You’re likely reading this from within the walls of your home or business.  If you are reading this outside, you’re likely not far from a building or any other man-made structure.  People spend 90% of their time inside.  And 82% of the people in the U.S. reside in urban or suburban areas.  Urban areas have become the hub of human activity.  Progress in economy, society, and technology may be partially attributed to the concentration of many minds and working hands in metropolitan areas.

Unfortunately, the way that urban areas have developed has left previously verdant land barren, supplanting comfortable greenscapes with harsh hardscapes.  Urban areas are consequently associated with temperatures measurably different from surrounding areas (the Urban Heat Island Effect); with reduced moisture availability ; with elevated flash flood risk; with poor air, water, and soil quality; and with artificial and ecologically irrelevant landscaping.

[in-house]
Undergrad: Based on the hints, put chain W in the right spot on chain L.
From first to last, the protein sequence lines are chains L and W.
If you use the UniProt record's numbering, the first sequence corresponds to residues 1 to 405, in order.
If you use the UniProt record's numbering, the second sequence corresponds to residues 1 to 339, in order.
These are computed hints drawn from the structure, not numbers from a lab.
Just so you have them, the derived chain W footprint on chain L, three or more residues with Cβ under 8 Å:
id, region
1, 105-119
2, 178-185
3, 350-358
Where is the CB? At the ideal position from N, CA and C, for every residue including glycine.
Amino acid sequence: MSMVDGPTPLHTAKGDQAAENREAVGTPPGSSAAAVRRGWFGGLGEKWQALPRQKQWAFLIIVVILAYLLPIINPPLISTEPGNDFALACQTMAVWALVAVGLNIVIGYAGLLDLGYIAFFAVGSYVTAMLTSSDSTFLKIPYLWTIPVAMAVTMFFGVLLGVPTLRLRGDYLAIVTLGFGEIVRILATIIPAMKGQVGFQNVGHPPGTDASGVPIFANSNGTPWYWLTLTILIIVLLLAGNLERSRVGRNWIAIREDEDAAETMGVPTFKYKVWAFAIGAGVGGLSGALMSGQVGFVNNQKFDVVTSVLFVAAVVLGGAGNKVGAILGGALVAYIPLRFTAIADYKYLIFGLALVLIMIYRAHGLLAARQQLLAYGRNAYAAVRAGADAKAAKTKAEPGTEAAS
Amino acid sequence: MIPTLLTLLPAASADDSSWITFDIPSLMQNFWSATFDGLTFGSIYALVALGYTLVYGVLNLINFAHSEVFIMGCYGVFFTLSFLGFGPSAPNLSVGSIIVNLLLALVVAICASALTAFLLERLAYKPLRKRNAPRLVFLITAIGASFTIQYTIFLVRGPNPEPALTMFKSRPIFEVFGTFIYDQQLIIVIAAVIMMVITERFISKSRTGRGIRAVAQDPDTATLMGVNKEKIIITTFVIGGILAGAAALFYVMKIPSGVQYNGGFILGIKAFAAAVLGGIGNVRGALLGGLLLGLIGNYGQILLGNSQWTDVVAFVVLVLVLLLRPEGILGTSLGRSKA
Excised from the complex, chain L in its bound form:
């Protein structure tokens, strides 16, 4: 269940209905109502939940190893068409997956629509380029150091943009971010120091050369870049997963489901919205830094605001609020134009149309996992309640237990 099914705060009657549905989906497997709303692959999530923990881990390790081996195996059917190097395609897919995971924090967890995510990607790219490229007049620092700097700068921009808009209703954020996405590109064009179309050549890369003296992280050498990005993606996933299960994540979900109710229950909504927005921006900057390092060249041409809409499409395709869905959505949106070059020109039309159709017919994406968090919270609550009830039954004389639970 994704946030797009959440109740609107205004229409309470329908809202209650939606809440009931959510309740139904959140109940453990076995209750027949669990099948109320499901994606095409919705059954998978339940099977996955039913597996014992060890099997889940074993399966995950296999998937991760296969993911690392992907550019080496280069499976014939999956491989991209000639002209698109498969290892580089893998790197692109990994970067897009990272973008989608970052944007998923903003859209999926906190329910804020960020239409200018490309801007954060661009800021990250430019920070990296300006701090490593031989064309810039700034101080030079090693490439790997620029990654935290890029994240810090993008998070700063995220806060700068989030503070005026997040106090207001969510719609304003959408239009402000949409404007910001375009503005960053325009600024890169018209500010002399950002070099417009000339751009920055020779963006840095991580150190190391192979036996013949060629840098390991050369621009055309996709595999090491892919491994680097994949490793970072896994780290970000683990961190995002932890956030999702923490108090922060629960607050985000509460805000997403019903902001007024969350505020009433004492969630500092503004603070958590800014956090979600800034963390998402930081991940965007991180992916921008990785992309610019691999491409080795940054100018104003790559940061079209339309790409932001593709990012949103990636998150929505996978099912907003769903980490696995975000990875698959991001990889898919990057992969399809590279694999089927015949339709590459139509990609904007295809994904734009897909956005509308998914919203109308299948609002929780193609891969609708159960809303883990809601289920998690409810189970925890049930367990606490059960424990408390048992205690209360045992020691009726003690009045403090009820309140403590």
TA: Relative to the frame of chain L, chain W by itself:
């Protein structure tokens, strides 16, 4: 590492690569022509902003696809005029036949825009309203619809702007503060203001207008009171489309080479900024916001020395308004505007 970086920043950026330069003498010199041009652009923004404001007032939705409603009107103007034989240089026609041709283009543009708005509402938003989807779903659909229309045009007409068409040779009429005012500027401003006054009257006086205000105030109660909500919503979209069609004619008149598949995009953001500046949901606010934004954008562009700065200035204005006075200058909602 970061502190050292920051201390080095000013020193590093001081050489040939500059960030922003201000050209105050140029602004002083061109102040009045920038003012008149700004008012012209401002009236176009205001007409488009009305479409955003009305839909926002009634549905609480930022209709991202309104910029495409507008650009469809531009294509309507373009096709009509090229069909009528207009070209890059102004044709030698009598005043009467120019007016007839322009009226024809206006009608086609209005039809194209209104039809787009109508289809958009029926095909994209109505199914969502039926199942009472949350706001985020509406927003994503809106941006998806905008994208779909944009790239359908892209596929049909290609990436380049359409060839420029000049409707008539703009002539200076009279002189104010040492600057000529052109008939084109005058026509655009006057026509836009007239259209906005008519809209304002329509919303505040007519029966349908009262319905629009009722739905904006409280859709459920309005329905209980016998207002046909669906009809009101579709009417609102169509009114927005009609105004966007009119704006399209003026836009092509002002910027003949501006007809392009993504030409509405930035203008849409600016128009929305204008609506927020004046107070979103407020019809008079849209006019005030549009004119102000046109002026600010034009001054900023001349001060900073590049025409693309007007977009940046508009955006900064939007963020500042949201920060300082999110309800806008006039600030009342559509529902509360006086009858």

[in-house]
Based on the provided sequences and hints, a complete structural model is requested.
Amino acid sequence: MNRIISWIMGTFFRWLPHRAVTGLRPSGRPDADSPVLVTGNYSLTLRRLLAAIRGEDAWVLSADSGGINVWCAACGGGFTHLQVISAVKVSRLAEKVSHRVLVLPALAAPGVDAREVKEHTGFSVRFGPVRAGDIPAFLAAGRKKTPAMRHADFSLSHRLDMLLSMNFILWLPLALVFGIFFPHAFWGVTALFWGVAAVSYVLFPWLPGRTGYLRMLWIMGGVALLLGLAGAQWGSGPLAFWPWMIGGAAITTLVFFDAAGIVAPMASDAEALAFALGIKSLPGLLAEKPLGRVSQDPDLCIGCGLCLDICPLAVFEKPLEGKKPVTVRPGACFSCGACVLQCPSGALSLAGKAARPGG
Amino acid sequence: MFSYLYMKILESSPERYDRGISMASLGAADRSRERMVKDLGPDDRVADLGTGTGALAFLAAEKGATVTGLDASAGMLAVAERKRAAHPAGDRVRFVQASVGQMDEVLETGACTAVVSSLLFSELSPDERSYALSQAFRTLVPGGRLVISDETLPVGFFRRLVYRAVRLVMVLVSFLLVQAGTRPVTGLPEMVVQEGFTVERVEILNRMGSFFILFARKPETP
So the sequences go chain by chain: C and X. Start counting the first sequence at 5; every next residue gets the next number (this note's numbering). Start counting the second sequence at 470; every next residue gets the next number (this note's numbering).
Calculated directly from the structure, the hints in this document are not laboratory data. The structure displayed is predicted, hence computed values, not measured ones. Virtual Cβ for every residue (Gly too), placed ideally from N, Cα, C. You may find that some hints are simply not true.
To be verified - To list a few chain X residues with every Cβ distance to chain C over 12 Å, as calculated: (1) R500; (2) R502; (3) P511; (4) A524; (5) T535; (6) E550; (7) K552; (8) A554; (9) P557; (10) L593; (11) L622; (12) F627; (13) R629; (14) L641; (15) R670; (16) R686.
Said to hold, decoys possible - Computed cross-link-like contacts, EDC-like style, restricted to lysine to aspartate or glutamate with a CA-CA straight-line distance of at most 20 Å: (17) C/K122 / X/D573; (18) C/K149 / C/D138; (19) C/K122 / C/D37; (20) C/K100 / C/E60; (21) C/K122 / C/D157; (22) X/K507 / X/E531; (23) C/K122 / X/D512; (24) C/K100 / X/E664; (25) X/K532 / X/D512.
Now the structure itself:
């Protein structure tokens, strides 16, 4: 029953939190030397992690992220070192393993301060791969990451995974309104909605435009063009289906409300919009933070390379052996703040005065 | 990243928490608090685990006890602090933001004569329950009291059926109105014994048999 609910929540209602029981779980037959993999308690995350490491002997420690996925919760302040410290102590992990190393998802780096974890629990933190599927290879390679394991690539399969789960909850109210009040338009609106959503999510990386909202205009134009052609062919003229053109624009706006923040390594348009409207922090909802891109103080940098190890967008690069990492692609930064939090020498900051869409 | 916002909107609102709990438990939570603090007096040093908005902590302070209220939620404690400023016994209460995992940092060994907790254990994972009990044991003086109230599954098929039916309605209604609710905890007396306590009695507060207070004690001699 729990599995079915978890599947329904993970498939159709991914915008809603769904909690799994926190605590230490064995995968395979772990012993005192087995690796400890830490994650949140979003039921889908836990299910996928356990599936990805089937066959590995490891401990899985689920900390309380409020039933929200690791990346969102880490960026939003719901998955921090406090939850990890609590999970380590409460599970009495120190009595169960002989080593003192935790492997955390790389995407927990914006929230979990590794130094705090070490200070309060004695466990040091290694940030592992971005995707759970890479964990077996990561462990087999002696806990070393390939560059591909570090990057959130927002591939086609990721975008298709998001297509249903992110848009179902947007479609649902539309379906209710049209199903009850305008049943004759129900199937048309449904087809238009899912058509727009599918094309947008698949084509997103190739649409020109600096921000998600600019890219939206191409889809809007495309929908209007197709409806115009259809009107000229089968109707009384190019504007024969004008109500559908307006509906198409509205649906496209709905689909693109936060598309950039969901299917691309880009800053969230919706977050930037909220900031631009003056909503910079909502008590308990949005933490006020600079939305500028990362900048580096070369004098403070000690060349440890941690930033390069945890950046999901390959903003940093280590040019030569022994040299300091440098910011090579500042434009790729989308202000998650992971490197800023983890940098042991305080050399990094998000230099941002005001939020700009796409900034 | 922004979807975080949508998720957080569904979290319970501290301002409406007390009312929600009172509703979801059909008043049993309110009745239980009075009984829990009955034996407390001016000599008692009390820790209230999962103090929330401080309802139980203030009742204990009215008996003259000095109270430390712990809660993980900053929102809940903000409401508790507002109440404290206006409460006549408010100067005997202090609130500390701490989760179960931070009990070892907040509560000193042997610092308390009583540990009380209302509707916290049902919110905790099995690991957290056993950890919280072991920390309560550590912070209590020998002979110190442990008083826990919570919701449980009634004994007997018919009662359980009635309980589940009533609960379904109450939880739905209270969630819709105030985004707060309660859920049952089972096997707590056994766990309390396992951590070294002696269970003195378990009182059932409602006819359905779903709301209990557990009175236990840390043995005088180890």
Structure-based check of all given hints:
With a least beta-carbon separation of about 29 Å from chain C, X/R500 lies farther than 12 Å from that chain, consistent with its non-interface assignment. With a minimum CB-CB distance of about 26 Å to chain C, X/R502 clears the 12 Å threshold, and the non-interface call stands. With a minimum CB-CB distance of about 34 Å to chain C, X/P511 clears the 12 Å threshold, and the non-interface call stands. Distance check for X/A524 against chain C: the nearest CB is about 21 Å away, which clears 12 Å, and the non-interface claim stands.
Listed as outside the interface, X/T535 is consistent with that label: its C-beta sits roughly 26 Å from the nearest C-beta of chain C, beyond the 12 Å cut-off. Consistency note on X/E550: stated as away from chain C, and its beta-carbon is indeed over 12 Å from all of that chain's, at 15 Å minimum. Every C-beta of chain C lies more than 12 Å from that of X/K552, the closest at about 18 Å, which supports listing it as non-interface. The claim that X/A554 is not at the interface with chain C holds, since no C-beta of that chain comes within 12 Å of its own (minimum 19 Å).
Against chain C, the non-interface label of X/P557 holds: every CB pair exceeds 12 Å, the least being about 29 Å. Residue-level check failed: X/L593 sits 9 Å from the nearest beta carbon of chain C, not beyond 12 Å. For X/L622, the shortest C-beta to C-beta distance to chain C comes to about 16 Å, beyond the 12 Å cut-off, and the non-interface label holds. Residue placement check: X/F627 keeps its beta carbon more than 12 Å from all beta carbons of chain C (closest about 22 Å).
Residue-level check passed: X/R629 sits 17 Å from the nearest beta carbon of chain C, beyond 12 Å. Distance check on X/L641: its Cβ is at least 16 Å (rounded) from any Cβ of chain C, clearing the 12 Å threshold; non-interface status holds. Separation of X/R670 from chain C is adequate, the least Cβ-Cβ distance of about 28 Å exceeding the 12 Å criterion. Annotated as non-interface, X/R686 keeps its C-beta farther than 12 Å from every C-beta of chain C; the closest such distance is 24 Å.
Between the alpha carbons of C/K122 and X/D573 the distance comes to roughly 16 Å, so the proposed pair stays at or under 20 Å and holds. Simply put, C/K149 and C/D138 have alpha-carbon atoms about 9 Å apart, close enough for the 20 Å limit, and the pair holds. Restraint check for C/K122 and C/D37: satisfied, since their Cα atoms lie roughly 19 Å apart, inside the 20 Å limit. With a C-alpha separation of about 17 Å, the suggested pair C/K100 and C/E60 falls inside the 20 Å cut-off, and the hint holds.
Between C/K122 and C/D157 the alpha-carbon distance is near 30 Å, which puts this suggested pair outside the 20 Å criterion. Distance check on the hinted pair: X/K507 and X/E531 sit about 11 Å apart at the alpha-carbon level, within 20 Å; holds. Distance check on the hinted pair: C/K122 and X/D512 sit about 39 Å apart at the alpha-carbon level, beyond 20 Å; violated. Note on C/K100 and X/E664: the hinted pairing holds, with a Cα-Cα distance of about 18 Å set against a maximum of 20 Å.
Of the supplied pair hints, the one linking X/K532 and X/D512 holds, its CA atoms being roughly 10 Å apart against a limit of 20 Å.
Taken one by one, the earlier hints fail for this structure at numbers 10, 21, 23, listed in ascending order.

All pavement, all the time.

Inside or outside, you are surrounded by pavement, brick, steel, and glass.  You are almost always surrounded by vertical structures.  Inside, walls partition rooms, apartments, offices, firms, etc.  Outside, there are building walls, retaining walls, standalone walls, and fences.  These walls surely have purpose (“A world without walls” sounds like a Dr. Suess book), but they often perform their space-dividing function boringly.  The walls of most rooms you enter are plain and off-white in color.  Blank walls beg for picture frames, calendars and mirrors to cover their mediocrity.  Outside, you are greeted by white picket fences, mildly decorative rock and brick building facades, plastic home siding, and often bland retaining walls that repeatedly remind you and any passerby that you have not escaped the urban jungle.  Your walls are dead.